What does our lovely Cape aloe look like? It is a tall, (one might say imposing) single-stemmed aloe, that can grow up to 10 feet (3.0 m) in height. (It would even tower over the Springbok forwards!) It’s leaves are thick and fleshy, arranged in rosettes, and have reddish-brown spines on the margins with smaller spines on the upper and lower surfaces. These spines are to protect the aloe from grazing animals, which is why younger aloes are spinier, when they are more vulnerable. As they get taller, the leaves begin to lose most of their spines except for those along their sides. They don’t need spines to protect from people snacking on them – the leaves’ unique and valuable bitter sap really is mouth-puckeringly bitter. Like an extra-strength malaria pill!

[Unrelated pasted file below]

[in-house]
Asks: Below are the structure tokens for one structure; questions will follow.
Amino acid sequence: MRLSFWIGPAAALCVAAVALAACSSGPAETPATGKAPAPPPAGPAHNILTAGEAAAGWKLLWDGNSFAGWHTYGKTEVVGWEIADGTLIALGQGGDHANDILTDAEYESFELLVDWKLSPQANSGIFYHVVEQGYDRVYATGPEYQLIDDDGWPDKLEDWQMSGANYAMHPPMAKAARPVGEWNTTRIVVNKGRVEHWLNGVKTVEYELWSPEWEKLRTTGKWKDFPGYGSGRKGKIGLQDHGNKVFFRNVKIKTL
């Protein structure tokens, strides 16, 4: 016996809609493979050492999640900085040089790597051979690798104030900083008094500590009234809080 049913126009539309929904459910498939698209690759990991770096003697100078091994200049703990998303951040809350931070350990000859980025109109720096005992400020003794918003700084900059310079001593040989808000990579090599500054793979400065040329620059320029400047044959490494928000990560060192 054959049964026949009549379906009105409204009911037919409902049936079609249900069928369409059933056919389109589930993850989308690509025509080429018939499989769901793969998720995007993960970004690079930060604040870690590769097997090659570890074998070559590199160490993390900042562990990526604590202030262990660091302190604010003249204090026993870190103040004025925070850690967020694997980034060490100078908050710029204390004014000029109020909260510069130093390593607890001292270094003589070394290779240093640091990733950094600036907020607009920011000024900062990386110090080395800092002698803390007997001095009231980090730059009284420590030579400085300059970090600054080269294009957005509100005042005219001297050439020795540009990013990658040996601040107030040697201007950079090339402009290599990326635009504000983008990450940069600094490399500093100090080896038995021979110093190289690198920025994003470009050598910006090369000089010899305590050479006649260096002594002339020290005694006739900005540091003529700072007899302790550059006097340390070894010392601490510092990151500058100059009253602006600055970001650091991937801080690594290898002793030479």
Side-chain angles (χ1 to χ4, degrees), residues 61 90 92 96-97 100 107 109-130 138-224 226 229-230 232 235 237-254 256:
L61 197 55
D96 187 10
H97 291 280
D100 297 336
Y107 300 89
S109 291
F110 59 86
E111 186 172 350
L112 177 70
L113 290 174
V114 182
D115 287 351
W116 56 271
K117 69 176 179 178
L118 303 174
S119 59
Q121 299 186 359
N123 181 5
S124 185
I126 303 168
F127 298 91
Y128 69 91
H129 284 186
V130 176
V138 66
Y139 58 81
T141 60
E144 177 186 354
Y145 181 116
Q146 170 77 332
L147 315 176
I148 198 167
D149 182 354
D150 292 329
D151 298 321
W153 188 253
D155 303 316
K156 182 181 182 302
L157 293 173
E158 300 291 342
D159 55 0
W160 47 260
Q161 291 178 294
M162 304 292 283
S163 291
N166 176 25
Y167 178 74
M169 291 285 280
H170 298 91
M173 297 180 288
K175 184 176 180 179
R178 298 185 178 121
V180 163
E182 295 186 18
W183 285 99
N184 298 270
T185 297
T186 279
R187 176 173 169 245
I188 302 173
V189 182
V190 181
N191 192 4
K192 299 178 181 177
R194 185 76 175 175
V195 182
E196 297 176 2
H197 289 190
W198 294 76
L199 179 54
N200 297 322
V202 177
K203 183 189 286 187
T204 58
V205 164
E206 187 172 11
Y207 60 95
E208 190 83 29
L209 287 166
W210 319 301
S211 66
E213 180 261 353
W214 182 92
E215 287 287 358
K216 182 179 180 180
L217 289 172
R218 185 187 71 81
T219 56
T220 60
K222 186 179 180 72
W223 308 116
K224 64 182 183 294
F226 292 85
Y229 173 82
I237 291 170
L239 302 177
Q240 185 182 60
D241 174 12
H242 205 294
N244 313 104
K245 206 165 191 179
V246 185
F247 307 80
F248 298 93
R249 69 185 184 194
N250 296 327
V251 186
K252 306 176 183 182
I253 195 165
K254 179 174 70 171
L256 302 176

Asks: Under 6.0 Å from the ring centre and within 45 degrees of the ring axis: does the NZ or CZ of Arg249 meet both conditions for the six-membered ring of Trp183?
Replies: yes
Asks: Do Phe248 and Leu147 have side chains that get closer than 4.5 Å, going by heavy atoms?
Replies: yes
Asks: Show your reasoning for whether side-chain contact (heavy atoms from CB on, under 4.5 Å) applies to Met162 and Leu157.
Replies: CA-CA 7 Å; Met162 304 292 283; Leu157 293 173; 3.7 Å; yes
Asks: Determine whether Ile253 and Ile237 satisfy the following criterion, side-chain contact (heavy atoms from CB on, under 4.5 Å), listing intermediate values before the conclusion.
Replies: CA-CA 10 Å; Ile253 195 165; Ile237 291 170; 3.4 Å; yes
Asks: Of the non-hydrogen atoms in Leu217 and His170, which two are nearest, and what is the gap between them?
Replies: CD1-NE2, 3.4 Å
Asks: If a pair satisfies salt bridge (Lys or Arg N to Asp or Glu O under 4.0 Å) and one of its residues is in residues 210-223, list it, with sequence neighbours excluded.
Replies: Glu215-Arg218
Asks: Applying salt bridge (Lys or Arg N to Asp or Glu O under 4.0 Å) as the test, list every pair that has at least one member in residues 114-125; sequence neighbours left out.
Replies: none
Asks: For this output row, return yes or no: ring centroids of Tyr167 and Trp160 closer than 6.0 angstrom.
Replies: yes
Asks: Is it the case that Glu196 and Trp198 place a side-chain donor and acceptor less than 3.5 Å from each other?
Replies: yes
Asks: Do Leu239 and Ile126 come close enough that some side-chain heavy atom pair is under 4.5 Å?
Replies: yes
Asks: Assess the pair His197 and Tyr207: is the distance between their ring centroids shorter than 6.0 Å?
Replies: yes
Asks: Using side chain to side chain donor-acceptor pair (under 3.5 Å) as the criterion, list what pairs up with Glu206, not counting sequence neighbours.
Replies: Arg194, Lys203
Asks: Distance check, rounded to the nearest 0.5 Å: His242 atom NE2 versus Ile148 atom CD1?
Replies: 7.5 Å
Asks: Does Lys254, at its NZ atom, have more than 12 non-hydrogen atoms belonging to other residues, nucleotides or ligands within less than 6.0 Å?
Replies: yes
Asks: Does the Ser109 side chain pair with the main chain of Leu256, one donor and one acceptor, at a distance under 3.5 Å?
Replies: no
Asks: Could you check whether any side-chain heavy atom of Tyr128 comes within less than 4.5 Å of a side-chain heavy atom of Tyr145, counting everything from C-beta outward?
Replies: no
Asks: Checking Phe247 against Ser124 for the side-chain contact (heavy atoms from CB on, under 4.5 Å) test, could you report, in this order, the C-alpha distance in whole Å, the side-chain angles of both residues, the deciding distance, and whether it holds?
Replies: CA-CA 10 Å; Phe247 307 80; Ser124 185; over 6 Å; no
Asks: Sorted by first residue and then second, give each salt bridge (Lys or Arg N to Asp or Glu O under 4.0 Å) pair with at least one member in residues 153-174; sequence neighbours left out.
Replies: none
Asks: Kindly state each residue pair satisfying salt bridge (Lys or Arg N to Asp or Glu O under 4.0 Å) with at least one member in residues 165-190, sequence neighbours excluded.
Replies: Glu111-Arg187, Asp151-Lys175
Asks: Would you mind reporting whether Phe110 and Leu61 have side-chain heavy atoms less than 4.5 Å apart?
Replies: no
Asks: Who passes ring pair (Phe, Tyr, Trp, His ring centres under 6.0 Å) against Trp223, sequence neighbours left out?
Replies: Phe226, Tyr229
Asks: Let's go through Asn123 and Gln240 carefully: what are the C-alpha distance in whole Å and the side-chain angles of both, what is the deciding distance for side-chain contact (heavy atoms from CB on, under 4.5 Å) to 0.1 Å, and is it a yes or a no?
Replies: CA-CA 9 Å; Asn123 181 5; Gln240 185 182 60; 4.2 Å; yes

The aloes annually dress themselves up in beautiful orange or red flowers, which rise between 2 and 4 feet (0.6 and 1.2 m) above the leaves, in multi-branched inflorescences. (An impressive way to say “a group or cluster of flowers on stems”!) The flowering aloes forms a lovely display between May and August – in colder parts of the country this may be delayed until September. In the wild, monkeys and baboons will raid the aloes for nectar, and everywhere our feathered friends will be visiting the aloe bars for a few shooters as well. Among the many bird species dropping by for a “kuier” are sunbirds, weavers, glossy starlings and mousebirds. Naturally insects also love to visit the flowers, which in turn brings yet more birds. So, if you love birds (and plants with character), consider an aloe or two for your garden. They are truly South African – very hardy and adaptable to many conditions.